The projects proposed in this new grant address the properties of spatial coding in cortical regions. Representations of spatial location are important for a broad range of cognitive functions, including the planning of goal-directed navigation. This grant proposes specific experiments to test modeling predictions about the existence of egocentric representations of boundaries and coding of running speed relevant to the formation of allocentric spatial representations in cortical structures.
Specific Aim #1 : Recordings of the neural spiking activity in retrosplenial cortex and entorhinal cortex will test the hypothesis that cortical regions must code the position of environmental boundaries in egocentric coordinates. This prediction arose from models of the formation of allocentric representations of boundaries which require input from an egocentric, view-centered coding of environmental boundaries. Experiments will extend preliminary data from this lab showing egocentric coding of boundaries in retrosplenial cortex. Models show that egocentric boundary cells could be combined with head direction input to code allocentric boundary position, which can drive coding of spatial location. Further experiments will test the influence of environmental boundaries on spiking activity in the entorhinal cortex and retrospenial cortex, including testing the influence of manipulations of the shape of the environment, the insertion of new boundaries and different reward locations, recordings in darkness, and testing coexistence of egocentric coding with allocentric coding by head direction cells. This experimental testing of the predictions from models will provide an important link for building our understanding of the coding of space for cognitive processing.
Specific Aim #2 : Recordings of neural spiking activity in retrosplenial cortex and entorhinal cortex will test the complementary hypothesis that coding of running speed also plays a role in generation of representations of spatial location, and how the coding of running speed varies over different time courses and may depend on sensory input from boundaries. Experiments will include analysis of the coding of running speed at different spatial scales in entorhinal cortex and retrosplenial cortex ranging from one second to many minutes. The time course will also be analyzed in experiments exploring the change in running speed representations when barrier features are obscured by darkness.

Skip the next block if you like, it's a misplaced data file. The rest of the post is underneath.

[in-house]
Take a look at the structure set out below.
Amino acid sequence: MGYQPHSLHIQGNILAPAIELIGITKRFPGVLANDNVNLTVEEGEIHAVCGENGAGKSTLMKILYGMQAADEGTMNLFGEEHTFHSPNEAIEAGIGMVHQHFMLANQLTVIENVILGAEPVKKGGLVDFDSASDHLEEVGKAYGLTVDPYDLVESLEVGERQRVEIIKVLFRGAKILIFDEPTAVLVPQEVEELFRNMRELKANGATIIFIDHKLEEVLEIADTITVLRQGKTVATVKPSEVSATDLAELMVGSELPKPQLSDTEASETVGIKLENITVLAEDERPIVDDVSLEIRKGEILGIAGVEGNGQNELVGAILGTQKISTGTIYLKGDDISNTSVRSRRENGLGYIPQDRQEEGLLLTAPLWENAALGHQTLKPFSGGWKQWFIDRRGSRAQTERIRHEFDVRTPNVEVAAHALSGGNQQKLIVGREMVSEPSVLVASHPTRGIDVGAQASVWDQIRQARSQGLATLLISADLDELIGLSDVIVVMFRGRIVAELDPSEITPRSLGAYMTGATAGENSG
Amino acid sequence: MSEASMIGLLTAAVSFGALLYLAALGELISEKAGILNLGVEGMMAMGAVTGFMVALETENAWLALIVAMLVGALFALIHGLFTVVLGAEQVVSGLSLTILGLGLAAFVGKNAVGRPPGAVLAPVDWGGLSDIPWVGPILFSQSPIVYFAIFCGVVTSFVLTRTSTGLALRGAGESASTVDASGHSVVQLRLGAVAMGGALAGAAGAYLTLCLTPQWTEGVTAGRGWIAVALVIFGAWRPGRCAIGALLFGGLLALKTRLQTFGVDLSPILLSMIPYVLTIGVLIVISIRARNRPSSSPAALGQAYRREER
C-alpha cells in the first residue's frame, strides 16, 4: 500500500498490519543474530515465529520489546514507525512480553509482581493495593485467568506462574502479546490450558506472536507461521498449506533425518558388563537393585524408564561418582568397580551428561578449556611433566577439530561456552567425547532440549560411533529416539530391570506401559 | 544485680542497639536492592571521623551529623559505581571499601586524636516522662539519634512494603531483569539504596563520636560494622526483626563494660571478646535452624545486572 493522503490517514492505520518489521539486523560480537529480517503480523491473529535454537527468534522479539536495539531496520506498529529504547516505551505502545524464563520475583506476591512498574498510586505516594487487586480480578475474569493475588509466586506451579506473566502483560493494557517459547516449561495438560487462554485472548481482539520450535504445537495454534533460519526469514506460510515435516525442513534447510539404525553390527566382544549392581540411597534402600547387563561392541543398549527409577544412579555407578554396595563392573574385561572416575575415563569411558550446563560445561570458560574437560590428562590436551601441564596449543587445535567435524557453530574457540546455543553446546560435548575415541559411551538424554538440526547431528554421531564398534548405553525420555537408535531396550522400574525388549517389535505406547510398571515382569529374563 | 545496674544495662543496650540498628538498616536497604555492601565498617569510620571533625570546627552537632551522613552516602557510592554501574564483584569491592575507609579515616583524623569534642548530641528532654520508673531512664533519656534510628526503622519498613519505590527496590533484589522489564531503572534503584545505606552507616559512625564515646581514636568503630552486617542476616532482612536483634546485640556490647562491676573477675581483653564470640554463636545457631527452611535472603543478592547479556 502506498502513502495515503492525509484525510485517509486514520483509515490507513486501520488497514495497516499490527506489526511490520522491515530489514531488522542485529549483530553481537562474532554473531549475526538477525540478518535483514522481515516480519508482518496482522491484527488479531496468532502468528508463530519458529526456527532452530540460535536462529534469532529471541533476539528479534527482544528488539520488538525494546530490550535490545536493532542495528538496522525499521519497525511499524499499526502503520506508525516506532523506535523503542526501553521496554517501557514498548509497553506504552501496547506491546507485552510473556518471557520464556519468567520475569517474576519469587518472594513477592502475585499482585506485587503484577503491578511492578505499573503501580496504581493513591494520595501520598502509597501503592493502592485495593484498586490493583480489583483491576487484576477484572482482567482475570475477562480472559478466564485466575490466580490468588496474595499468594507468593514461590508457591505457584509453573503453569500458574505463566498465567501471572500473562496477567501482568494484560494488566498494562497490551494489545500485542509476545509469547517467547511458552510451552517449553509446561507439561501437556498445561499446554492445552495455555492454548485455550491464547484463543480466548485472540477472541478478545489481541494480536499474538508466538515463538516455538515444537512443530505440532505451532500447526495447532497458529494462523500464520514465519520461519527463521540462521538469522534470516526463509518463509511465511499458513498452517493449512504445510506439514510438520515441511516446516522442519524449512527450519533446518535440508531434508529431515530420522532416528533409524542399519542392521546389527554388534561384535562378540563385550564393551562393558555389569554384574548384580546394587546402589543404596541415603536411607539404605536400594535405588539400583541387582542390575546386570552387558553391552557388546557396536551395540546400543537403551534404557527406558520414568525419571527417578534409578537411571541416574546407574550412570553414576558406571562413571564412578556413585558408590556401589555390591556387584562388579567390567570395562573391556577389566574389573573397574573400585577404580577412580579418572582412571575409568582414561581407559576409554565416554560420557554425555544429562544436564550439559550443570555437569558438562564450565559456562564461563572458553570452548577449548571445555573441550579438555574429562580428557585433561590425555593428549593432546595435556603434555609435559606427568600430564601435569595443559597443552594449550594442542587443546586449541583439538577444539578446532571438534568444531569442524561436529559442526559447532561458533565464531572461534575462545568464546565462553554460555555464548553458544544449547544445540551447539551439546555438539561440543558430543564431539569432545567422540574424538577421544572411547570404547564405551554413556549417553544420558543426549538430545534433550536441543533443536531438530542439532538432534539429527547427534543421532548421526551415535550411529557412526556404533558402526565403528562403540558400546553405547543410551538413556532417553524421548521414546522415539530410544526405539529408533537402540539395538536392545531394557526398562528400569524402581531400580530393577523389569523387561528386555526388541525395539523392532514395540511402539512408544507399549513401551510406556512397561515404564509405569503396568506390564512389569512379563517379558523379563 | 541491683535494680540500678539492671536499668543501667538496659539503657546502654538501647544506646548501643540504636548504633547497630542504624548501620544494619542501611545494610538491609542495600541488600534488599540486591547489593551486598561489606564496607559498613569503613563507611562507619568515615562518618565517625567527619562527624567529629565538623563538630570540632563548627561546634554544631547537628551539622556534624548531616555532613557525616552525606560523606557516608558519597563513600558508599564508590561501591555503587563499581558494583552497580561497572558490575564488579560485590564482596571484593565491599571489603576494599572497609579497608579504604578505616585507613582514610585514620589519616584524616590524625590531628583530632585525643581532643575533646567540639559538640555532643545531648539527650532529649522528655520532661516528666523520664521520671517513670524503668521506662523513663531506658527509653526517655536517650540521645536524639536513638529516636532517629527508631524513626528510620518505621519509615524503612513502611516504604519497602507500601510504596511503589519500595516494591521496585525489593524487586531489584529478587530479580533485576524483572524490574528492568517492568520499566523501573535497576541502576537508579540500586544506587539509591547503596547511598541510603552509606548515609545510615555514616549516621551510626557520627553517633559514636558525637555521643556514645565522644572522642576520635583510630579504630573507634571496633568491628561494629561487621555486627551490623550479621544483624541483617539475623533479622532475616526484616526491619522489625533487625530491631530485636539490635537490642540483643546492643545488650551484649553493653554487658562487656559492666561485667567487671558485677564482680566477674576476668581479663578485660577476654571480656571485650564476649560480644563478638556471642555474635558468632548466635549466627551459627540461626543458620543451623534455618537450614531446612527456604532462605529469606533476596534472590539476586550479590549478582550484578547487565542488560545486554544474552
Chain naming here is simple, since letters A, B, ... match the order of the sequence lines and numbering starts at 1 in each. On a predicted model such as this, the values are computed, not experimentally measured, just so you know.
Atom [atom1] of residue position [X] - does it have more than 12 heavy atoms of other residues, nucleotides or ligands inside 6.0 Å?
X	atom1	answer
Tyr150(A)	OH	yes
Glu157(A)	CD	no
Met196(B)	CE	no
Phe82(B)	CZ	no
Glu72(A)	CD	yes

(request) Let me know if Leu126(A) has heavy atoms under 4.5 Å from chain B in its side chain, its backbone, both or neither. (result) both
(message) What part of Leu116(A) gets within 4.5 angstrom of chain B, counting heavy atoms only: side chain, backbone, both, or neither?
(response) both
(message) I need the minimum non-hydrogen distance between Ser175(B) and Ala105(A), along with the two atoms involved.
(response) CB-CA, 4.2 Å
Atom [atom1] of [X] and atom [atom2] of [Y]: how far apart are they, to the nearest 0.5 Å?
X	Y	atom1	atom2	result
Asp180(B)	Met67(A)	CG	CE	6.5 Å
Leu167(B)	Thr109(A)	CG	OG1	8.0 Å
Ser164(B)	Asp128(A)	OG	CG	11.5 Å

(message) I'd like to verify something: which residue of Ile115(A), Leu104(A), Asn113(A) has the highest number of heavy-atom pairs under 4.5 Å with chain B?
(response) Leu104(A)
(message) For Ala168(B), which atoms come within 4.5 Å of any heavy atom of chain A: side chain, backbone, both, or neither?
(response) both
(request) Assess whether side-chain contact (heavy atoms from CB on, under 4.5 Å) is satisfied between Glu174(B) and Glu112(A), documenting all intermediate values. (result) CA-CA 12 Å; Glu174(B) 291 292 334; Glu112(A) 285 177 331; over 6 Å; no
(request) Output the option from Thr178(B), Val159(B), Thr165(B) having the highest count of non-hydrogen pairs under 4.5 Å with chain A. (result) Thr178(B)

This aim also includes whole cell patch recording in slices to analyze the time course of intrinsic spiking activity relevant to the circuit dynamics for coding of speed and location. Finally, optogenetic inactivation of specific populations of neurons in medial septum will test how inputs regulate the coding of spatial location and speed by neurons in the medial entorhinal cortex. These experiments will contribute to our understanding of the dynamics of cortical circuits that underlie the formation of allocentric spatial representations important to many aspects of cortical cognitive processing, including the planning of goal-directed behavior.
This grant application proposes experiments focused on completing a missing link in models that connect the body-centered (egocentric) coding of sensory input about environmental boundaries and self-motion with world-centered (allocentric) coding of spatial boundaries, self-motion and spatial location. Preliminary data supporting this project shows egocentric coding of environmental boundaries and coding of running speed, and experiments will elucidate features of this coding that could contribute to world-centered coding that appears essential to brain mechanisms for guiding goal-directed behavior. Understanding these circuits could assist in understanding impairments of spatial navigation behavior associated with psychiatric and neurological diseases.